Due to immense boredom, gap-year student Jack Roulston is attempting as a 20-year-old male to get back into the world of gaming. Each week he will attack a different classic from his childhood in a vague attempt to re-invigorate a lost passion for the electronic arts and work up until he is able to complete a more contemporary game on a ‘next-gen’ console. However long that may take. Probably ages. Definitely Ages.
I never really set the gaming world alight in my youth. Never was the best out of my friends, never topped any leader-boards nor had the most trophies, but like most of us in our adolescence, I played. A hell of a lot, and I wasn’t bad – ‘solid’ is how I’d describe it. Gaming was sadly though, a hobby left behind when I passed on to the third level. Now, to say I hadn’t touched a game throughout the duration of my degree is a lie – I certainly have smugly sat down to show off “how we did it in the old days” and been absolutely schooled by a brother more than six years my junior (although he is better than your average gamer, at least one would hope so, based on the hours he puts in) – and I also had to deal with a short-lived, very mild ‘The Witcher 3: The Wild Hunt’ addiction. Apart from these instances, I’ve remained pretty much game-less for close to four years. A few fruitless attempts were made to get into something a friend recommended or to replay an old, beloved game that had been “remastered”, but I kept “falling out” with the PlayStation 4’s new-fangled intricacies and eventually, defeated, would have to call my brothers to help me work it. I was even more put off the “next-gen consoles” whilst watching a movie on a (sort-of) date, with a girl who was (definitely) younger than me, being unable to “un-pause” the Blu-ray, I had to call for help, taking me straight from “cool older guy” to “cranky old-ass man”, a technological cliché I never thought would describe me at the tender age of twenty.
It’s not surprising then to learn, that when the decision was made to finally attempt to get back in to gaming (for real this time), I’d steer my ship towards more comfortable and well-treaded territory (read: I know how to fucking work the thing) – close to retro now, almost at the tender age of twenty itself – the PlayStation 2. My first shot at playing through a classic failed. Grand Theft Auto: Vice City became way too distracting (fun) and made me realise that in my past experience of the game as a minor, I had never actually played it for its intended purpose – y’know doing missions or whatever – it was used mostly as a vehicle for all my youthful anger. I’ll leave it there. Bachelor #2, Simpsons Hit & Run didn’t fare much better – aside from being incredibly enjoyable and outrageous (GTA for babies), after about half an hour of dicking around, the colourfulness of Springfield began to hurt my eyes (see the above comment about being an “old-ass man”). To keep me focused, my brother (this one only three years my junior – Adam) had the ingenious idea to play co-operatively – that way I’d stay on track and my crap-ness mightn’t affect progress too badly, himself only being a few months off the horse gaming-wise. We, together, working as a unit might just be able to get through a game.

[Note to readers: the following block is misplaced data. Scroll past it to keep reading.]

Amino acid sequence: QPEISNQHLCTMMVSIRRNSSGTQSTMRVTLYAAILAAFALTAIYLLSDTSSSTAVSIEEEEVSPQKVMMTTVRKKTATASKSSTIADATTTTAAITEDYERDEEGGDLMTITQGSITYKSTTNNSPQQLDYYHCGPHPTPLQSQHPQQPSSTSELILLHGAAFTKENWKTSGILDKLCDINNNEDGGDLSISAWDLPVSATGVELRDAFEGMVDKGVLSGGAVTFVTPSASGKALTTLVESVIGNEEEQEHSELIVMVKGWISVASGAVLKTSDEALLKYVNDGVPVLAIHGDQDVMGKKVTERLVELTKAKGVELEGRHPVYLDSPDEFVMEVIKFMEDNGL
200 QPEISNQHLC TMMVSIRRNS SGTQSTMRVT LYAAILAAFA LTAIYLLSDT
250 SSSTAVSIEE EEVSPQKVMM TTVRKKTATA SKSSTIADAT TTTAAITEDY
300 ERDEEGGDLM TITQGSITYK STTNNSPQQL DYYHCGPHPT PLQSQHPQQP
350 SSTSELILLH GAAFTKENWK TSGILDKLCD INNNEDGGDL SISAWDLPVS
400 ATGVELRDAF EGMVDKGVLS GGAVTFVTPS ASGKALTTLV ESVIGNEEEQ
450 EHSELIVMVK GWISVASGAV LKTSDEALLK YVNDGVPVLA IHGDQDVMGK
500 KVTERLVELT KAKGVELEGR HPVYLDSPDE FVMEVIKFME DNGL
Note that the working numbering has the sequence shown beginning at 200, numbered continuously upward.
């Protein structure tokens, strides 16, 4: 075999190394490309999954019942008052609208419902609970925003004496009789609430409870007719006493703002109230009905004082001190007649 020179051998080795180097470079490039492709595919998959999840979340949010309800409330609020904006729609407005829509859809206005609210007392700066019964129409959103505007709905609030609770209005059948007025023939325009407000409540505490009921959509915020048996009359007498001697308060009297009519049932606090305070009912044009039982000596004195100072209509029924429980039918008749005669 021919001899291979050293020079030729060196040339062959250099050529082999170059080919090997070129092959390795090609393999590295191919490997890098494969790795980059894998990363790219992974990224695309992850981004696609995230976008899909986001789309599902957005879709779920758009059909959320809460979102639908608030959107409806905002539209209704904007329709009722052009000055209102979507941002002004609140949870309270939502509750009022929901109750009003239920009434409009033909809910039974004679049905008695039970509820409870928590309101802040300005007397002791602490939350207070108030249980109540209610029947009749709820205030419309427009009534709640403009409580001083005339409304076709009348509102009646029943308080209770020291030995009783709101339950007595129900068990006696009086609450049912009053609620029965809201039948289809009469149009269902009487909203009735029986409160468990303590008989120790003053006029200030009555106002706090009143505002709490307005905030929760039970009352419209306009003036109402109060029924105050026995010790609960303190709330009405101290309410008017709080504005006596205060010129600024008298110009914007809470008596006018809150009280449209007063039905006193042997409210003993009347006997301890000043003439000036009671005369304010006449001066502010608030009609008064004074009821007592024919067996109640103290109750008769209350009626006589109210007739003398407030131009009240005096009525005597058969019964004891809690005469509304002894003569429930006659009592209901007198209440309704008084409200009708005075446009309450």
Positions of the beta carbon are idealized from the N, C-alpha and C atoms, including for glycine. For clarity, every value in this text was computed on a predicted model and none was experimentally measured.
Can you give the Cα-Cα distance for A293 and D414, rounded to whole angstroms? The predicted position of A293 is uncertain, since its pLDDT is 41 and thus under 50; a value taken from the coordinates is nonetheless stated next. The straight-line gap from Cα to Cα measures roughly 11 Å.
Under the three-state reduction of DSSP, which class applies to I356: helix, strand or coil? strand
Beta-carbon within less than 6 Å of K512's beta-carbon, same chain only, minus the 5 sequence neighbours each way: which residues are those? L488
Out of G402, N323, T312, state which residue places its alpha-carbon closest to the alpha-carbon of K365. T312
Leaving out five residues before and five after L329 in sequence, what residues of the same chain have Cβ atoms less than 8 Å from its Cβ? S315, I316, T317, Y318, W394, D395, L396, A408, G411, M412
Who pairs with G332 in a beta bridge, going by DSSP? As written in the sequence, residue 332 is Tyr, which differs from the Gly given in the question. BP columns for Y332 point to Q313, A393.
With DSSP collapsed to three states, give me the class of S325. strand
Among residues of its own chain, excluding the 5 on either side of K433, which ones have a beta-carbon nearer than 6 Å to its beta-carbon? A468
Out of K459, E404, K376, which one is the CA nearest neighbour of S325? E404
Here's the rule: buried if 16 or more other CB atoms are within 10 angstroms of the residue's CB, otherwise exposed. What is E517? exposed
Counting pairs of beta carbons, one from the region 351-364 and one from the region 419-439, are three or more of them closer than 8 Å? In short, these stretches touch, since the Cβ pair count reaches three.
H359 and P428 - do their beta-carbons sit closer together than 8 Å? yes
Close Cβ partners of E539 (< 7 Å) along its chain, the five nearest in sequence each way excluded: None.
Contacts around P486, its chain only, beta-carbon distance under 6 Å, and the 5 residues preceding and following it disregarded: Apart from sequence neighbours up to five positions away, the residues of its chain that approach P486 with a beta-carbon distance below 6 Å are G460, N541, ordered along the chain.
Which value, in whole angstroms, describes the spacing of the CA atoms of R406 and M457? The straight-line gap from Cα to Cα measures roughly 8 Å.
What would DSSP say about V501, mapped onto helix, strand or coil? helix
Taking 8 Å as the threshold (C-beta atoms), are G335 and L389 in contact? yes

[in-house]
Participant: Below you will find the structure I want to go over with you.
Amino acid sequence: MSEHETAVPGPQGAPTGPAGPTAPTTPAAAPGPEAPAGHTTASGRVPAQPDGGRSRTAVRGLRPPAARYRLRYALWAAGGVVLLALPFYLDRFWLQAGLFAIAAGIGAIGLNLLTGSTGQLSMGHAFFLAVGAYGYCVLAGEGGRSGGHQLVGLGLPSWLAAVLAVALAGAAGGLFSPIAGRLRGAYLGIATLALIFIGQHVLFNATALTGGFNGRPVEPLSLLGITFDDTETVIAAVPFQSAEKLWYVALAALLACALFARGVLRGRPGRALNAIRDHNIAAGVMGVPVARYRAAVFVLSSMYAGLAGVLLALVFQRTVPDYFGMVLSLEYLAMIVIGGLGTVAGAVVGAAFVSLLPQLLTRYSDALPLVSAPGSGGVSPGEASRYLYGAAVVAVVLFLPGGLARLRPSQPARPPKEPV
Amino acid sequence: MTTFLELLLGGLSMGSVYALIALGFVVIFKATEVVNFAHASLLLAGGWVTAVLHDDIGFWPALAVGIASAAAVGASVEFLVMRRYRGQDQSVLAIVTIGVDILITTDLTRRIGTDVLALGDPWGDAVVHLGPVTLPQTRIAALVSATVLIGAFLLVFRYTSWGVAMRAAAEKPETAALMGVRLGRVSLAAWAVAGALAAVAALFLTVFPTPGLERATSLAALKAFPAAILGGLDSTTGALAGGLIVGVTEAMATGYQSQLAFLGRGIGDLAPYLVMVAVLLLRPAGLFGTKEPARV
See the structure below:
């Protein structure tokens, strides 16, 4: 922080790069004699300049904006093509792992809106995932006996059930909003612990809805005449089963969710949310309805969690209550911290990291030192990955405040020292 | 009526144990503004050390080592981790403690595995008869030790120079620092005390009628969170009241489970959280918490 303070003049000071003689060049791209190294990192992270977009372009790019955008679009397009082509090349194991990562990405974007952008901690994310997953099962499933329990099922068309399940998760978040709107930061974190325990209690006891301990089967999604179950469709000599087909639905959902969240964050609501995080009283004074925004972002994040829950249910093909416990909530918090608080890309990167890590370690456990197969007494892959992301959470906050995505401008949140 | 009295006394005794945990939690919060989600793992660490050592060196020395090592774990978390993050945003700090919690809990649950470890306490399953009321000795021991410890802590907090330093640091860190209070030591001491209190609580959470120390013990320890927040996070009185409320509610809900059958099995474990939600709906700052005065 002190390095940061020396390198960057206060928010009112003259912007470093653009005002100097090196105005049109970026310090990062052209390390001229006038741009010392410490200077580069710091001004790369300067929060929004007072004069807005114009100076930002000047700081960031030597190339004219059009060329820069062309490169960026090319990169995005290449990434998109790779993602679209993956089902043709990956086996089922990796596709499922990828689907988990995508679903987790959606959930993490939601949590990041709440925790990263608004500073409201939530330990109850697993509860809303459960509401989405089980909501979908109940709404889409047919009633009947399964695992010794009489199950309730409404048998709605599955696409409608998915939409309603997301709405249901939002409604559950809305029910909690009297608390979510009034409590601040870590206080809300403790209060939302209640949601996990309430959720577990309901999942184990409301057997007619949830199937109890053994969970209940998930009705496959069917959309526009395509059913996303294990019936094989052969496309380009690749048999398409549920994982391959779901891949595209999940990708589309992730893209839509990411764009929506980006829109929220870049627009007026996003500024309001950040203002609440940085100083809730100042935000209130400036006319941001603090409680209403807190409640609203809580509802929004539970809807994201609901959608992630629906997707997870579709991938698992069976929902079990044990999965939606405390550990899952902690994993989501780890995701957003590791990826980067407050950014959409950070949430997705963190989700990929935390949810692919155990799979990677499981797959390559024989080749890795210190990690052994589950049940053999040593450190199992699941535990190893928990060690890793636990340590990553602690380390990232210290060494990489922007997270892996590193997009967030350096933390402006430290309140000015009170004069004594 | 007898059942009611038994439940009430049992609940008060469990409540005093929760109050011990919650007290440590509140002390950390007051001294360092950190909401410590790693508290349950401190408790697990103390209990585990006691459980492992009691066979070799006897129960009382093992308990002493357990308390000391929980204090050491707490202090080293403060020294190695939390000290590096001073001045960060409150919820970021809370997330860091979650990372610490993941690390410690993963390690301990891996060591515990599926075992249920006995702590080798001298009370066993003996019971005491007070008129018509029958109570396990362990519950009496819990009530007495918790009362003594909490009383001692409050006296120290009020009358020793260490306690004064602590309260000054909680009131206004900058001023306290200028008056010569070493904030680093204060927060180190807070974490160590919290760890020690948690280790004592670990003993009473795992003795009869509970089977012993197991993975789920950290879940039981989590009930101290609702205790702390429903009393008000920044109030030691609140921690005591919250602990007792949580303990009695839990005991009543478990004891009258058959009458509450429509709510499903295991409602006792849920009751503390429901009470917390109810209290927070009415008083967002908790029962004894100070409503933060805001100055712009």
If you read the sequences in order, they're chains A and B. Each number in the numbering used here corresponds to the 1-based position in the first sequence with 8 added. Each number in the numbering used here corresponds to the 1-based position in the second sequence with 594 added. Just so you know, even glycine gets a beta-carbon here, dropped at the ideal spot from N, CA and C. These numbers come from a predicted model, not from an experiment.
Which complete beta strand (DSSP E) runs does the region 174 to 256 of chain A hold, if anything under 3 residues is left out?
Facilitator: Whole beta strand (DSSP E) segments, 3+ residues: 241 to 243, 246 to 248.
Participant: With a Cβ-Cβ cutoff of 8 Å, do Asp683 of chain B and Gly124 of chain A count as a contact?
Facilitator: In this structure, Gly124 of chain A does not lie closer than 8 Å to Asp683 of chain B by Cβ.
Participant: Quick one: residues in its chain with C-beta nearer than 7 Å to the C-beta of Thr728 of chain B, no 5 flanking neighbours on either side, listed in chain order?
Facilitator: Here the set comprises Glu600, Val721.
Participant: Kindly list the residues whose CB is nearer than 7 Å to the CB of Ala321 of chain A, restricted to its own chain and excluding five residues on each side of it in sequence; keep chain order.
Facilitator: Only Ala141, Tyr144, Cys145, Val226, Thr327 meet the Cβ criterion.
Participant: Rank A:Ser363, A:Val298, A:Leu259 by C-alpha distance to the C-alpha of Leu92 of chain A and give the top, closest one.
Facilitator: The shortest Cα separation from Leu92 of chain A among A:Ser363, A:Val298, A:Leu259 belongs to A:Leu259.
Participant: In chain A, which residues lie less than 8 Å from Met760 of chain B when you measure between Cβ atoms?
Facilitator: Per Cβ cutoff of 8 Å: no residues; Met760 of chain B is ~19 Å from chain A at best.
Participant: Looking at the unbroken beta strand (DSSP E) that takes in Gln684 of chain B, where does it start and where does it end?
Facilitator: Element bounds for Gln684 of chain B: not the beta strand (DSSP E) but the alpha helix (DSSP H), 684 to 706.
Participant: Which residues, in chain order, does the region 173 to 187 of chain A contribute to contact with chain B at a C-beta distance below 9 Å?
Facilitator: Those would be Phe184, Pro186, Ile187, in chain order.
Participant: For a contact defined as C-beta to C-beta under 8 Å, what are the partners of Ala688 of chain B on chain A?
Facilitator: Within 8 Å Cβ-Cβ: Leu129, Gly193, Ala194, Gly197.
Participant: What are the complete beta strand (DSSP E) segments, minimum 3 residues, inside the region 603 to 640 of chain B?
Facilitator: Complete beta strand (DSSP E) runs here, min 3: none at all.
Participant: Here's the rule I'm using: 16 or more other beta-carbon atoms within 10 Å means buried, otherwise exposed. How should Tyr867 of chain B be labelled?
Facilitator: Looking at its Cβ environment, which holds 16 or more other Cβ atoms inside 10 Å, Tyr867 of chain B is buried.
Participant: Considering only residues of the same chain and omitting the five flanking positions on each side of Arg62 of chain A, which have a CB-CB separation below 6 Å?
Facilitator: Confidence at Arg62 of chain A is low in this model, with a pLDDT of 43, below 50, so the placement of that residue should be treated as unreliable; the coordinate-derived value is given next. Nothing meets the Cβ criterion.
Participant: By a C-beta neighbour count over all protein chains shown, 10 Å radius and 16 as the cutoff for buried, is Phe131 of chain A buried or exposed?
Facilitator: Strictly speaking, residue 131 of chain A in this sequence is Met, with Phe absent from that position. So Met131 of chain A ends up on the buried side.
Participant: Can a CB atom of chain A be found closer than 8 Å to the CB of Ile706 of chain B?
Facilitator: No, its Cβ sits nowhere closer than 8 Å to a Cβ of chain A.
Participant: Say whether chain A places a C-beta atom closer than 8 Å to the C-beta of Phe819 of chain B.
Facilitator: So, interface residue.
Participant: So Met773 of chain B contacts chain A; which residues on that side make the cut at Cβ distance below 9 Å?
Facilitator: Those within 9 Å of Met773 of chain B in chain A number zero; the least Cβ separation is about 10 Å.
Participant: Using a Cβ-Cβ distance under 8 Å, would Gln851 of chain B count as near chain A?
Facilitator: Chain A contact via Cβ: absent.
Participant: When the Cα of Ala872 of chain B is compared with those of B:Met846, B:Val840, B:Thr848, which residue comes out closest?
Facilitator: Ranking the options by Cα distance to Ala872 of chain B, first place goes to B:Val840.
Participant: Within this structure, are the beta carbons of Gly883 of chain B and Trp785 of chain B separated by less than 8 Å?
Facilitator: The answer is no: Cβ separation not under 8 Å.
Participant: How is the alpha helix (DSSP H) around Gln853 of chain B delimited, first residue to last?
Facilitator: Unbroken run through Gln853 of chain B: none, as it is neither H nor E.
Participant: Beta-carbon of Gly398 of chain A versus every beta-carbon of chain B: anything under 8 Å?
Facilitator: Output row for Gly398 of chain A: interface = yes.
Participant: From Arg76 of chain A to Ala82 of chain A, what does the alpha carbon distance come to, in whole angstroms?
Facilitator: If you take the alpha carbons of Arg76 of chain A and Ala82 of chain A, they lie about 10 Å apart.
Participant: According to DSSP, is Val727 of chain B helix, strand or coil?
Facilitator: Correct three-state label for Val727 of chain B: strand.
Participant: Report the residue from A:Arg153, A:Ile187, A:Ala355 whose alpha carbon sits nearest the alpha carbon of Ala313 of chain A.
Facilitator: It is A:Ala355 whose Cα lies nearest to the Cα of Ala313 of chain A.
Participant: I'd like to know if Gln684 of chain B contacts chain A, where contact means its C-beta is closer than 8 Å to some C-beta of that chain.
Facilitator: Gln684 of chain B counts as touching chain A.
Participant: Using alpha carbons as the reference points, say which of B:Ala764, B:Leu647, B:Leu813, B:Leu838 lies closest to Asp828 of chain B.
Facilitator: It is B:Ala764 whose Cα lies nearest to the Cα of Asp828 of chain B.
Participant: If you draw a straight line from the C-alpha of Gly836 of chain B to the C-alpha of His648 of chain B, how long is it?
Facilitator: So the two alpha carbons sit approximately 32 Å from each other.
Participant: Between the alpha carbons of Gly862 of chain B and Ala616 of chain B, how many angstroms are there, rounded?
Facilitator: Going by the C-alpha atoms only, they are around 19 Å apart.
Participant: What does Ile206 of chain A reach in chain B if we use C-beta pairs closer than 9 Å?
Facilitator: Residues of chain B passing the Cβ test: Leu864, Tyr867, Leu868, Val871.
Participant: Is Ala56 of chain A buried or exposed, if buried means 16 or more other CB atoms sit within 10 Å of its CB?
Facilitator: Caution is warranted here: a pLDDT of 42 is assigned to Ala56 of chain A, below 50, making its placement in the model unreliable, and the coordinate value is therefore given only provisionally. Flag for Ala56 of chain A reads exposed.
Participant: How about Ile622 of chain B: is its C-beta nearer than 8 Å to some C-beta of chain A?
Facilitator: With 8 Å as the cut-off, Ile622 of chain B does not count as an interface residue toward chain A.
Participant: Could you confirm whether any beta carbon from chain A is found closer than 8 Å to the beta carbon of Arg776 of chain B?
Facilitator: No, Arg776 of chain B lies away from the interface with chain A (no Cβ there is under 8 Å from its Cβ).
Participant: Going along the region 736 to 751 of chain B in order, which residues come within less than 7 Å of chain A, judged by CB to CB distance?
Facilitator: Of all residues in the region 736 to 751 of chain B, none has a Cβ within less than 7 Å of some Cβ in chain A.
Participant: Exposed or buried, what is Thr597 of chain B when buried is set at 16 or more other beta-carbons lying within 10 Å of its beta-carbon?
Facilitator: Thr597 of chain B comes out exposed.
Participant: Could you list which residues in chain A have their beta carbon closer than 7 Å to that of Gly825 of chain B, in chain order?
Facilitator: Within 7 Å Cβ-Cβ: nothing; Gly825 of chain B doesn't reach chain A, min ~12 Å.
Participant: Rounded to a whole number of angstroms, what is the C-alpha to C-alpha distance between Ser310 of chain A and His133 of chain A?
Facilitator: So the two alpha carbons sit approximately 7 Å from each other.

There was only one clear choice – the King (apt) of co-op “hack n’ slash” games – EA’s The Lord of the Rings: The Return of the King. Hailing from the generational sweet-spot in which movie tie-in games still existed and when some of them weren’t absolute trash, many an hour of our shared childhood was wasted upon this masterpiece and the glance we shared when it was pulled from the bottom of a drawer to be loved all over again told us we had made the right decision, this is how we get back in to gaming. Our parent’s generation and their siblings, as children fought over who was the “cowboy” and who was the “Indian”, ours fought over who would get to play as Aragorn and who was side-lined as Legolas or Gimli (at least in our house). Here and now, at the ages of 20 and 17 respectively, we found ourselves having this very same argument, one we had countless times before in our youth and I won for the same reason I have every other time, “I’m older so dry up, I’m Aragorn”. Begrudgingly he selected Legolas and we finally move past the character selection screen.